"I should have kept the unhappiness at bay and suffered it alone."
Having seen the double bill of the newspaper office-set duo of The Sleeping Beast Within and Smashing the O-Line (both 1960,both also reviewed) I was interested to find out what auteur Seijun Suzuki followed them up with,leading to me joining the knights.
Note:Spoilers in review.
View on the film:
From the opening in the school, Arrow present a crisp transfer which keeps the colour tone even and clean, and soundtrack sharp and clear.
In only the second title he had made in colour at the time, directing auteur Seijun Suzuki and occasional cinematographer collaborator Kazue Nagatsuka display an infectious love for the format by using it to expand on Suzuki's early Japanese New Wave (JNW) surrealist stylisation.
Marking a end to his earlier gritty Film Noir era, Suzuki casts a Pop Art atmosphere of hip wipes and pop-up shots darting across the screen to the beat of Matsubara's (played by a lively Koji Wada) Jazz club arrangement, (Jazz being a major recurring theme in Suzuki's credits) which rolls out to a psychedelic JNW song number, and a Caper-style chase with a Noh theater mask.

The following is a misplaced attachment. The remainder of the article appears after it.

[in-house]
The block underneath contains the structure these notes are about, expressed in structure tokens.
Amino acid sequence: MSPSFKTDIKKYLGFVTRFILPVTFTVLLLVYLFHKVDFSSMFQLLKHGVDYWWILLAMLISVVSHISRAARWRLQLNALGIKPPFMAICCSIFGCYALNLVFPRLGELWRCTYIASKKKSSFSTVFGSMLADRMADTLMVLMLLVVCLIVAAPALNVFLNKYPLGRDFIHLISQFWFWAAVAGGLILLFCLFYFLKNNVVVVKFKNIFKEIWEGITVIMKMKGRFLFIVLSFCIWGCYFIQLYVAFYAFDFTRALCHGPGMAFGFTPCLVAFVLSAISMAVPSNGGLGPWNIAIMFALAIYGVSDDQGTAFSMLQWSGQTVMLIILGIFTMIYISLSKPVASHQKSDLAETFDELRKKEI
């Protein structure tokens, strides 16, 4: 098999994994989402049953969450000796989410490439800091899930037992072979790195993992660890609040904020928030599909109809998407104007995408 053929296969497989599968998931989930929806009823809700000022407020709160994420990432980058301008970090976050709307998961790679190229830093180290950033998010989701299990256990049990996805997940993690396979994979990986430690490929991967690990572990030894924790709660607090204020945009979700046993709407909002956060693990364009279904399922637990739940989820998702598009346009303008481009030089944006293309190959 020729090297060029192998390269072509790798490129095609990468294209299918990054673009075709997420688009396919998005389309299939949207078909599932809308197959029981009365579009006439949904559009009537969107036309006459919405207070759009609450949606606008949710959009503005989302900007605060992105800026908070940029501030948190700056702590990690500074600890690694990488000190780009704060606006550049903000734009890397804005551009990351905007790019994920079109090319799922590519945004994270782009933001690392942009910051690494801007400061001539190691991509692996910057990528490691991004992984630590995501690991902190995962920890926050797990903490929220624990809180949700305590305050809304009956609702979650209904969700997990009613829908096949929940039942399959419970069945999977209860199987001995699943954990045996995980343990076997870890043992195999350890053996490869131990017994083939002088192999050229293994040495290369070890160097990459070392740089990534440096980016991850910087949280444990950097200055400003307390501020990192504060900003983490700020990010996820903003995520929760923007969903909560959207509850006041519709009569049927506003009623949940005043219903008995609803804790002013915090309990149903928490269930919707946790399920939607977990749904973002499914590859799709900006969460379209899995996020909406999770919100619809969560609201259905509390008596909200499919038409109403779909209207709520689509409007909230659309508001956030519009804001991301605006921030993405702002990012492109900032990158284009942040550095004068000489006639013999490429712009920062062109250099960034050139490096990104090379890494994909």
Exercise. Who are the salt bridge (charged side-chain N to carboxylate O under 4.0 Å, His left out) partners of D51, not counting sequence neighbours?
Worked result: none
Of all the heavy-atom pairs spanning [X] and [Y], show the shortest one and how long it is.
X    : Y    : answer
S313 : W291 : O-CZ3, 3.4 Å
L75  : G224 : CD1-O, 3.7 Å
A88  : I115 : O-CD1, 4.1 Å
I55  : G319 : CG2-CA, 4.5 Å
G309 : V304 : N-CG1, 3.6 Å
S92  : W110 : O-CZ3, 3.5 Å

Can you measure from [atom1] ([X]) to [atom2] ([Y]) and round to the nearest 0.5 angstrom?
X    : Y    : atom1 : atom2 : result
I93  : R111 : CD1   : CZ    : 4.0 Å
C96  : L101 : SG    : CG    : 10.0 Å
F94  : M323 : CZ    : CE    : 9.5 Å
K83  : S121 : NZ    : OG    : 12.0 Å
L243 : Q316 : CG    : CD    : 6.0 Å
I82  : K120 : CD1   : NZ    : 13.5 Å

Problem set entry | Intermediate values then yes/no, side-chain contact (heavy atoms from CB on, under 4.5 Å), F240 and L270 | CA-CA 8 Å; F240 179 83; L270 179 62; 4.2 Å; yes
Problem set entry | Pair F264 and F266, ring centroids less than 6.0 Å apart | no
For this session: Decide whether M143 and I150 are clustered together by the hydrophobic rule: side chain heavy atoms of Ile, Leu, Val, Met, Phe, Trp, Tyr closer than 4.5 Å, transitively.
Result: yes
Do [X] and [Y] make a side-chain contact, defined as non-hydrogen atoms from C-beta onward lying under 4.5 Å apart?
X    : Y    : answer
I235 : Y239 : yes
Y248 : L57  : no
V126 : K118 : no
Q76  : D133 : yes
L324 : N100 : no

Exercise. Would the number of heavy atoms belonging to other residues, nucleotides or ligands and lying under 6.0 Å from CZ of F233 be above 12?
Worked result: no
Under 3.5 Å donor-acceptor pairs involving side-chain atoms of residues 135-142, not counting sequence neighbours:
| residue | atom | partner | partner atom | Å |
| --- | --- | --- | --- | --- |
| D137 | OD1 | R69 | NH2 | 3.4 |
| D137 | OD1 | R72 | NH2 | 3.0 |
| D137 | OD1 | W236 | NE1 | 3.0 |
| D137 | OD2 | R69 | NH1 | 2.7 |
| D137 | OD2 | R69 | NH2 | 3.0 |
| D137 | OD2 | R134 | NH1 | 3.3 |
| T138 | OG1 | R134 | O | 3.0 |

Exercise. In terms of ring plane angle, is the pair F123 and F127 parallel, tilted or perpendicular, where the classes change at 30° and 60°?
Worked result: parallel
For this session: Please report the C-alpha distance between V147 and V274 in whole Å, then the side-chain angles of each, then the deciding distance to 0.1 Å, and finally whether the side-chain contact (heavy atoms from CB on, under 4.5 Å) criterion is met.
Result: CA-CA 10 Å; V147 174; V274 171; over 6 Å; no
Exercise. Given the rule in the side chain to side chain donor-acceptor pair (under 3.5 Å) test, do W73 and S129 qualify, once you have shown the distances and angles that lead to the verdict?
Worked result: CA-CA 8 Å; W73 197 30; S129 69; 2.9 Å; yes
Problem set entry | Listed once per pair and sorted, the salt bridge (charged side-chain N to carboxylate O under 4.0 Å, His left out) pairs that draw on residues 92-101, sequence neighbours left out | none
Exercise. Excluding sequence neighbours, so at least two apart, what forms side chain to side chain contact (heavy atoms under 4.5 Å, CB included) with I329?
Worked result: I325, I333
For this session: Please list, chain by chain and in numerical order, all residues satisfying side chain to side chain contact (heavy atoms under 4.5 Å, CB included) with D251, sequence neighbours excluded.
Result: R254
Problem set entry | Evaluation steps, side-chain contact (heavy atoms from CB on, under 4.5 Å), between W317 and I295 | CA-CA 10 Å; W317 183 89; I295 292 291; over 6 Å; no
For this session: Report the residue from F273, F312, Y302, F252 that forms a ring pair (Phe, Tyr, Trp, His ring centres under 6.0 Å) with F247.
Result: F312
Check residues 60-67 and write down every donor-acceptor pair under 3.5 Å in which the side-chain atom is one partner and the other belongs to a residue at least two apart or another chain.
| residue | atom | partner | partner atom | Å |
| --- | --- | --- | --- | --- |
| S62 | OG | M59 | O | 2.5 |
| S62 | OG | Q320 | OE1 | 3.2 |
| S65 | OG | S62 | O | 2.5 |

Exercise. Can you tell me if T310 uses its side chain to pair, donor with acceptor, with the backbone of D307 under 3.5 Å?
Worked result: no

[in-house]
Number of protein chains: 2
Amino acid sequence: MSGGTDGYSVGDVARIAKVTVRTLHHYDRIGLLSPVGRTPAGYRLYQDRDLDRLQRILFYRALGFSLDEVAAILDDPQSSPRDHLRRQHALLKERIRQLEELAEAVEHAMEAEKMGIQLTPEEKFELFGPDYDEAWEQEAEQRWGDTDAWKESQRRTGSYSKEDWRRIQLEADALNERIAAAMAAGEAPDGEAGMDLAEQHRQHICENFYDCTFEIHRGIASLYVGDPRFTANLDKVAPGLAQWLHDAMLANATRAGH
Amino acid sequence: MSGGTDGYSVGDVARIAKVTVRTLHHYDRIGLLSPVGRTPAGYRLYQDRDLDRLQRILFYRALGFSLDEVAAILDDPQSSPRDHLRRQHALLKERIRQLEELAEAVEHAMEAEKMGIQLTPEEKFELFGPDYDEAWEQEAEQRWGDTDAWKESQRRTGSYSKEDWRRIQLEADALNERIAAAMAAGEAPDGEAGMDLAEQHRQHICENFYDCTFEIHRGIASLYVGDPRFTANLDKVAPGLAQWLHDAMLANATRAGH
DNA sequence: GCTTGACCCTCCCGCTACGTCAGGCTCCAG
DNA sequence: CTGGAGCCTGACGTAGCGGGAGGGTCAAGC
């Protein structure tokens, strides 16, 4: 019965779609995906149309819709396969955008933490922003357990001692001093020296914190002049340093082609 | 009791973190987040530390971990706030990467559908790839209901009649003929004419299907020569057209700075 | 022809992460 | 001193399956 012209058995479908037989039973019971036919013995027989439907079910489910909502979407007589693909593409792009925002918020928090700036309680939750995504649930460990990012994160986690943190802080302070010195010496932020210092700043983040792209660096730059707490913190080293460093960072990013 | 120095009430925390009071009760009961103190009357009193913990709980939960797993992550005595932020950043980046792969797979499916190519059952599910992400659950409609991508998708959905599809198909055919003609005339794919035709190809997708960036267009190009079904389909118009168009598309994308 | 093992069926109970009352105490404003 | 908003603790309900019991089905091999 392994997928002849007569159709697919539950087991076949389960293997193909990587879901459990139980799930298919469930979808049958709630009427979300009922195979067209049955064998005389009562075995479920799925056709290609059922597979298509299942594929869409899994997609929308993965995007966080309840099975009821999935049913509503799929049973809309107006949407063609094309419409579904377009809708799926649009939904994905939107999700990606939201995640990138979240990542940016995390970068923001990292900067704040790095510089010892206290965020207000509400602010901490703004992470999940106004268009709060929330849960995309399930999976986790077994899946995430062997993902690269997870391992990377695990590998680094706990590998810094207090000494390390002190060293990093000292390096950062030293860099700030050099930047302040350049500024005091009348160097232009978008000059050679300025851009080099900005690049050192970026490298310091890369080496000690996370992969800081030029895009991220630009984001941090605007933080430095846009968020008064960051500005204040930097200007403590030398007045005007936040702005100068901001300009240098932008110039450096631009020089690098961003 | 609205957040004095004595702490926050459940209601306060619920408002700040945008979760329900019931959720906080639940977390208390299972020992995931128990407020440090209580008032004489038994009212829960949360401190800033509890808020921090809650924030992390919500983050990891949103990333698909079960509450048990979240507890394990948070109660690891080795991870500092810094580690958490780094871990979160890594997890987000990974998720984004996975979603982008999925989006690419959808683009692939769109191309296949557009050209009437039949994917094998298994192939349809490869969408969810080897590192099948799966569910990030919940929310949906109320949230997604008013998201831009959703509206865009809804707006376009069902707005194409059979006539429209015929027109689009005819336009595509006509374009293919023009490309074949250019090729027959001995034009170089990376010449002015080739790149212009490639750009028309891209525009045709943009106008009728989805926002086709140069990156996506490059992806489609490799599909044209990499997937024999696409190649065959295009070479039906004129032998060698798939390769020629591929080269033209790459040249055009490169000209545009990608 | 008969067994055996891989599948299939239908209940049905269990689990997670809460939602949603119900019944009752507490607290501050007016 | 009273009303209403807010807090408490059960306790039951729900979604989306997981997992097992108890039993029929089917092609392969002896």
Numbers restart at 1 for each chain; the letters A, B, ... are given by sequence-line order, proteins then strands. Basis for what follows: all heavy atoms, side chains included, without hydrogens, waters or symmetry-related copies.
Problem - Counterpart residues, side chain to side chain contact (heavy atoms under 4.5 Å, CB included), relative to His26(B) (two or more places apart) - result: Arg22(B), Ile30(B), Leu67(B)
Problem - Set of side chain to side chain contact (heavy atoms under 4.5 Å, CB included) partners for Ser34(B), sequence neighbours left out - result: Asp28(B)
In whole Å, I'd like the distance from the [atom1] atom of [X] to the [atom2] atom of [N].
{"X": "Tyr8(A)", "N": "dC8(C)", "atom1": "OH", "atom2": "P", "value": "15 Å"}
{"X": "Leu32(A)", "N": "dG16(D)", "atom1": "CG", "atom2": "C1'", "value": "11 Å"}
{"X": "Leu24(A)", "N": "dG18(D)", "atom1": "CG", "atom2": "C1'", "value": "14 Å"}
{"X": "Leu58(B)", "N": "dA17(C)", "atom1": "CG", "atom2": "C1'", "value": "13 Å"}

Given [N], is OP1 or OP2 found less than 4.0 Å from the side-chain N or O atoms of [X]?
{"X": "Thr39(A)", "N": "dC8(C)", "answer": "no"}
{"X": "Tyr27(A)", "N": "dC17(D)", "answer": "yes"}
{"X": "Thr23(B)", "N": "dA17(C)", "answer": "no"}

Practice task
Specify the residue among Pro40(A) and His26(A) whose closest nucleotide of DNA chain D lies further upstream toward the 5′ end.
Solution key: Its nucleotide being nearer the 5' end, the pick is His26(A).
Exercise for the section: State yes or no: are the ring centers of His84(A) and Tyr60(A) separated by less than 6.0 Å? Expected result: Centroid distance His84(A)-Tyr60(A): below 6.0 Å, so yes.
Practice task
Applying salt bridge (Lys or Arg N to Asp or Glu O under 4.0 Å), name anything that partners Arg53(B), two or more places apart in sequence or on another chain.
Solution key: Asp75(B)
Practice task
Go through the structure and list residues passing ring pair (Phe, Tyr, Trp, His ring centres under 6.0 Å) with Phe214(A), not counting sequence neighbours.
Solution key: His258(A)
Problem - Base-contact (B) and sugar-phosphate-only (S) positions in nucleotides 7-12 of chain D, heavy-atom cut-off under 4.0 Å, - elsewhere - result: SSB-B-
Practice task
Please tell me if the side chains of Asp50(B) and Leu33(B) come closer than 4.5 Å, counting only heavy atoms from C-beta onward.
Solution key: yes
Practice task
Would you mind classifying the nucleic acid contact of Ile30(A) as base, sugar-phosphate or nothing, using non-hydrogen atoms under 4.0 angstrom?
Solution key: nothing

Originally titled The Lost Cufflinks, the screenplay by Kenzaburo Hara & Iwao Yamazaki slickly presents the constant genre-crossing flux that Suzuki would later become known for. The writers bring the young loner, multi-talented Matsubara back to Japan to hit the top marks in a high school Drama, which crosses over to a jaunty Caper mystery of Matsubara discovering during his break from classes the cause of his dad "accidentally" falling to his death,when he gets hold of the lost cufflinks.
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